Majja, aka: Majjā; 9 Definition(s)
Majja means something in Hinduism, Sanskrit, Buddhism, Pali, Marathi. If you want to know the exact meaning, history, etymology or English translation of this term then check out the descriptions on this page. Add your comment or reference to a book if you want to contribute to this summary article.
Dharmashastra (religious law)
Majjā (मज्जा) refers to the “solidified fatty substance within the skull”, referred to as one of the twelve ‘excretions’ (or, ‘impurities’) of human beings. The word is used throughout Dharmaśāstra literature such as the Manusmṛti. (also see the Manubhāṣya verse 5.133)(Source): Wisdom Library: Dharma-śāstra
Dharmashastra (धर्मशास्त्र, dharmaśāstra) contains the instructions (shastra) regarding religious conduct of livelihood (dharma), ceremonies, jurisprudence (study of law) and more. It is categorized as smriti, an important and authoritative selection of books dealing with the Hindu lifestyle.
Shaivism (Shaiva philosophy)
Majjā (मज्जा):—Sanskrit word for ‘marrow’. It is associated with Kanda, which is the sixth seat of the Svādhiṣṭhāna-chakra, according to the Kubjikāmata-tantra.(Source): Wisdom Library: Kubjikāmata-tantra
Shaiva (शैव, śaiva) or Shaivism (śaivism) represents a tradition of Hinduism worshiping Shiva as the supreme being. Closely related to Shaktism, Shaiva literature includes a range of scriptures, including Tantras, while the root of this tradition may be traced back to the ancient Vedas.
Majjā (मज्जा).—A śakti.*
- * Brahmāṇḍa-purāṇa IV. 44. 90.
The Purana (पुराण, purāṇas) refers to Sanskrit literature preserving ancient India’s vast cultural history, including historical legends, religious ceremonies, various arts and sciences. The eighteen mahapuranas total over 400,000 shlokas (metrical couplets) and date to at least several centuries BCE.
General definition (in Hinduism)
Majjā (marrow) is a medical term used in Ayurveda.(Source): Wisdom Library: Hinduism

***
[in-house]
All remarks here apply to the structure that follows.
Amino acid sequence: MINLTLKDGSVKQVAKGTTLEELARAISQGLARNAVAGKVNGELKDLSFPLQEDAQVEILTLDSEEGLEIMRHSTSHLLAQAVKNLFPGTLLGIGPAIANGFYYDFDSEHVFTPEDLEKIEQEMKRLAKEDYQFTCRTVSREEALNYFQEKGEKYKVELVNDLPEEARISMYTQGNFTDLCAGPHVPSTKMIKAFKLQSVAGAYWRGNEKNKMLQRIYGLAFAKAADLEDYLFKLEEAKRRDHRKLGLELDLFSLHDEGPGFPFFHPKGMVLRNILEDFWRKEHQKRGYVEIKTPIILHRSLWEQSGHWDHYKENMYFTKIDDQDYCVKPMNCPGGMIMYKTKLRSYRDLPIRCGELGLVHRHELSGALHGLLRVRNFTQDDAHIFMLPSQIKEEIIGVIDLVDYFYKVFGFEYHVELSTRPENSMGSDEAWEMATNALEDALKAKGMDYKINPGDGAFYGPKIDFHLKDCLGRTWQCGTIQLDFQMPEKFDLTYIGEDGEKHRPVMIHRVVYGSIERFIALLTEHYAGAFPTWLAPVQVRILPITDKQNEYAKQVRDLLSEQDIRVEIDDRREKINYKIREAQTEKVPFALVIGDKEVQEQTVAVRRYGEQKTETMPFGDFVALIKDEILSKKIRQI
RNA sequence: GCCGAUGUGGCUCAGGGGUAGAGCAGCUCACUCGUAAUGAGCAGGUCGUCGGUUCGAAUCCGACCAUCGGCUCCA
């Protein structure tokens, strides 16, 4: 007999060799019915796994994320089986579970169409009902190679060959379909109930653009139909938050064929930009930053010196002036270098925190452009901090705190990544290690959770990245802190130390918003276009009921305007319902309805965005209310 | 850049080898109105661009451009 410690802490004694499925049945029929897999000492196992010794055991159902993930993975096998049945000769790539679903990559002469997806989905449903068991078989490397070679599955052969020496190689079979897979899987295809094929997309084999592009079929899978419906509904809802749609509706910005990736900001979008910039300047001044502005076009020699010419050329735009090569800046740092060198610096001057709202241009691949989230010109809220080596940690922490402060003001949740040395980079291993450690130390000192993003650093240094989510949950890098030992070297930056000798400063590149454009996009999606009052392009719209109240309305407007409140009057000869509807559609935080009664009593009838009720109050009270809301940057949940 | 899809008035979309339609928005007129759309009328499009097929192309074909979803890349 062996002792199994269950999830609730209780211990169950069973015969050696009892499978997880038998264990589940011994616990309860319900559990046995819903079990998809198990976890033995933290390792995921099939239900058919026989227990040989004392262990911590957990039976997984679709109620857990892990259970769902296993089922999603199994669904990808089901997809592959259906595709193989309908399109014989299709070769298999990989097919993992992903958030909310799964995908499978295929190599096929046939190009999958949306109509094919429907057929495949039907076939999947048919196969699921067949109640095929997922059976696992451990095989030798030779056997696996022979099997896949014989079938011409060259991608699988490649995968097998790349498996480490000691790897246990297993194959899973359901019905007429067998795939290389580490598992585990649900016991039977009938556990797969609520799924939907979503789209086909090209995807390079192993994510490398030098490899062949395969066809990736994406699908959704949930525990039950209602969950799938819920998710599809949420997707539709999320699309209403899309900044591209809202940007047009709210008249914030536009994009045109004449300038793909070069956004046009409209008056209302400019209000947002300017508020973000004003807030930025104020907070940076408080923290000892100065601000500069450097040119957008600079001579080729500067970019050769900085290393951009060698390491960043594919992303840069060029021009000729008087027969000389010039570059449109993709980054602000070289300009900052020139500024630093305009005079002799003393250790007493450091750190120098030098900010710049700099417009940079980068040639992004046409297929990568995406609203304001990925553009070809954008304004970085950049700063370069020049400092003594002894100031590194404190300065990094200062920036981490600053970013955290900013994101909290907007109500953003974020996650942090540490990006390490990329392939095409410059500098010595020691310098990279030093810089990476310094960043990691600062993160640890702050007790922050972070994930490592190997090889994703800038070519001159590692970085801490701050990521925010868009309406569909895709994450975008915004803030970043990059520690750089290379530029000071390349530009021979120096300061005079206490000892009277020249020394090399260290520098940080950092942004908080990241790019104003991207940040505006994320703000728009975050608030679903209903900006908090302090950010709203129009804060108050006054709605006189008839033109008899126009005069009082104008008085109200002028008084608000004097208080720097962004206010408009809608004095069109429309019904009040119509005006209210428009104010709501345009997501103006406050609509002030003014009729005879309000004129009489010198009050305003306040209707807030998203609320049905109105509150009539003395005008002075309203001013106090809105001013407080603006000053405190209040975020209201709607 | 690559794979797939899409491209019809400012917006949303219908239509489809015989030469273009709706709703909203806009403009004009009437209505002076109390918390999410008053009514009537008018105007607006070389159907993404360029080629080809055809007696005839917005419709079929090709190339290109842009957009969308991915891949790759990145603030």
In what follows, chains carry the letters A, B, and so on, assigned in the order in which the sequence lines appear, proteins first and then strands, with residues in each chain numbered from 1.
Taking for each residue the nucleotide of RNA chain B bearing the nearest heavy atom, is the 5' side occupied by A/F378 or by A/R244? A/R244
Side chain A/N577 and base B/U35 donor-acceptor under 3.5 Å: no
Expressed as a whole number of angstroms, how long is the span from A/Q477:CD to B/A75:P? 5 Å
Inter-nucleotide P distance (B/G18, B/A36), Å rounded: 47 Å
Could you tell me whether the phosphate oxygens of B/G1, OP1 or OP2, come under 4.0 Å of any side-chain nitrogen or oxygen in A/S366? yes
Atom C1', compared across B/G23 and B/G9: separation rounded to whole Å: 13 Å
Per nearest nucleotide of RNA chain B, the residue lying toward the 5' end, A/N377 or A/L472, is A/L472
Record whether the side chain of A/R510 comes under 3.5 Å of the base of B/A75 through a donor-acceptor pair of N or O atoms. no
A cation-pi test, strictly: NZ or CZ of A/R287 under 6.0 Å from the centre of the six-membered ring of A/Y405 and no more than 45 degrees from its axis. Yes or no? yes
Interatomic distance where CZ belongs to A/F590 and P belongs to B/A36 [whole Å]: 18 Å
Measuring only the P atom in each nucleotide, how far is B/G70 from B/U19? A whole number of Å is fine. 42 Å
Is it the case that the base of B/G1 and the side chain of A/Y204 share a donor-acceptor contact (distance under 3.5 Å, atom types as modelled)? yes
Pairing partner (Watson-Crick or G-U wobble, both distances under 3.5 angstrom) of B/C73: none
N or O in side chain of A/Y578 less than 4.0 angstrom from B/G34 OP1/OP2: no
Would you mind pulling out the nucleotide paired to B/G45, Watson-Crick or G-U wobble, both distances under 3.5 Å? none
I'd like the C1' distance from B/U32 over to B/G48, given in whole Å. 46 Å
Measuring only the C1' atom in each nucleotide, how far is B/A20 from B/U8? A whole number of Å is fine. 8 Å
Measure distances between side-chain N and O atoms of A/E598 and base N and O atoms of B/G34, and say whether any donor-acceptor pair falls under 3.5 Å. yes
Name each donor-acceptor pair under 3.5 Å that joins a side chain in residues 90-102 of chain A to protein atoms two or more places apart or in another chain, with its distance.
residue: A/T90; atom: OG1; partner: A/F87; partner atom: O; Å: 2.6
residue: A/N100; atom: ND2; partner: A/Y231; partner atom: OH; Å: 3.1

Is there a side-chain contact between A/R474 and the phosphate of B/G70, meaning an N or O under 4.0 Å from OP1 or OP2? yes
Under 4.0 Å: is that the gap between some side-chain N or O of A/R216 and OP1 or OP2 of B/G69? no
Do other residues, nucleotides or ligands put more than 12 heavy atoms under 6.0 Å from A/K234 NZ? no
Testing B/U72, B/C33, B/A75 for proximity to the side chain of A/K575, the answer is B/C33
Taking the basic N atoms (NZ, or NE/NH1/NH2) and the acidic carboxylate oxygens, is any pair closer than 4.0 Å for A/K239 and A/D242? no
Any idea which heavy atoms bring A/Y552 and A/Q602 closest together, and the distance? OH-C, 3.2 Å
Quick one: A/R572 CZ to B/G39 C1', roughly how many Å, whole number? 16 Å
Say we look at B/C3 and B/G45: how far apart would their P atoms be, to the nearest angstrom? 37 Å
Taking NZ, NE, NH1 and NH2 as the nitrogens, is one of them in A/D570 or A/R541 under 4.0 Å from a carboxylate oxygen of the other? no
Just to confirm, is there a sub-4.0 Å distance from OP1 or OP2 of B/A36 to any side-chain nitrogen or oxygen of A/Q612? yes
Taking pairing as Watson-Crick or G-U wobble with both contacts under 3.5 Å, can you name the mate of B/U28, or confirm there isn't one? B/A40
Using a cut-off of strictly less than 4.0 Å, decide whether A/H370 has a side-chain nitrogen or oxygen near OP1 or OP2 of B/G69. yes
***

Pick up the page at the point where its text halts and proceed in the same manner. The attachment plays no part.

Languages of India and abroad
majja : (nt.) an intoxicant.(Source): BuddhaSasana: Concise Pali-English Dictionary
Majja, (nt.) (fr. mad, cp. Vedic mada & madya) 1. intoxicant, intoxicating drink, wine, spirits Vin. I, 205; D. III, 62, 63; Sn. 398 (+pāna=majjapāna); VvA. 73 (=surā ca merayañ ca); Sdhp. 267.—2. drinking place J. IV, 223 (=pān’āgāra).
—pa one who drinks strong drink, a drunkard A. IV, 261; Sn. 400; Pv IV. 176 (a°); ThA. 38. —pāna drinking of intoxicating liquors Vv 158; VvA. 73; Sdhp. 87. —pāyaka=majjapa J. II, 192 (a°). —pāyin=°pāyaka Sdhp. 88. —vikkaya sale of spirits J. IV, 115. (Page 514)
Pali is the language of the Tipiṭaka, which is the sacred canon of Theravāda Buddhism and contains much of the Buddha’s speech. Closeley related to Sanskrit, both languages are used interchangeably between religions.
majjā (मज्जा).—f S Marrow of the bones or flesh. 2 Pith or sap of plants.(Source): DDSA: The Molesworth Marathi and English Dictionary
majjā (मज्जा).—f Marrow of the bones, &c. Pith of points.(Source): DDSA: The Aryabhusan school dictionary, Marathi-English
Marathi is an Indo-European language having over 70 million native speakers people in (predominantly) Maharashtra India. Marathi, like many other Indo-Aryan languages, evolved from early forms of Prakrit, which itself is a subset of Sanskrit, one of the most ancient languages of the world.
Majjā (मज्जा).—[masj-ac ṭāp]
1) The marrow of the bones and flesh.
2) The pith of plants.(Source): DDSA: The practical Sanskrit-English dictionary
Sanskrit, also spelled संस्कृतम् (saṃskṛtam), is an ancient language of India commonly seen as the grandmother of the Indo-European language family. Closely allied with Prakrit and Pali, Sanskrit is more exhaustive in both grammar and terms and has the most extensive collection of literature in the world, greatly surpassing its sister-languages Greek and Latin.
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Majjākṣaya (मज्जाक्षय, “majjā deficiency”).—The Sanskrit name for one of the eighteen ...
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Search found 16 books and stories containing Majja or Majjā. You can also click to the full overview containing English textual excerpts. Below are direct links for the most relevant articles:
Maha Prajnaparamita Sastra (by Gelongma Karma Migme Chödrön)
Part 5 - Perfection of generosity < [Chapter XX - The Virtue of Generosity and Generosity of the Dharma]
Part 7 - Inner Generosity < [Chapter XIX - The Characteristics of Generosity]
Part 8 - Candraprabha-jātaka < [Chapter XX - The Virtue of Generosity and Generosity of the Dharma]
Rasa Jala Nidhi, vol 4: Iatrochemistry (by Bhudeb Mookerjee)
Part 19 - Treatment for indigestion (17): Majja-saradi rasa < [Chapter IV - Irregularity of the digesting heat]
Part 3 - Visama-jvara (chronic fever) < [Chapter II - Fever (jvara)]
The Devi Bhagavata Purana (by Swami Vijñanananda)
Manusmriti with the Commentary of Medhatithi (by Ganganatha Jha)
Sushruta Samhita, volume 4: Cikitsasthana (by Kaviraj Kunja Lal Bhishagratna)
A History of Indian Philosophy Volume 2 (by Surendranath Dasgupta)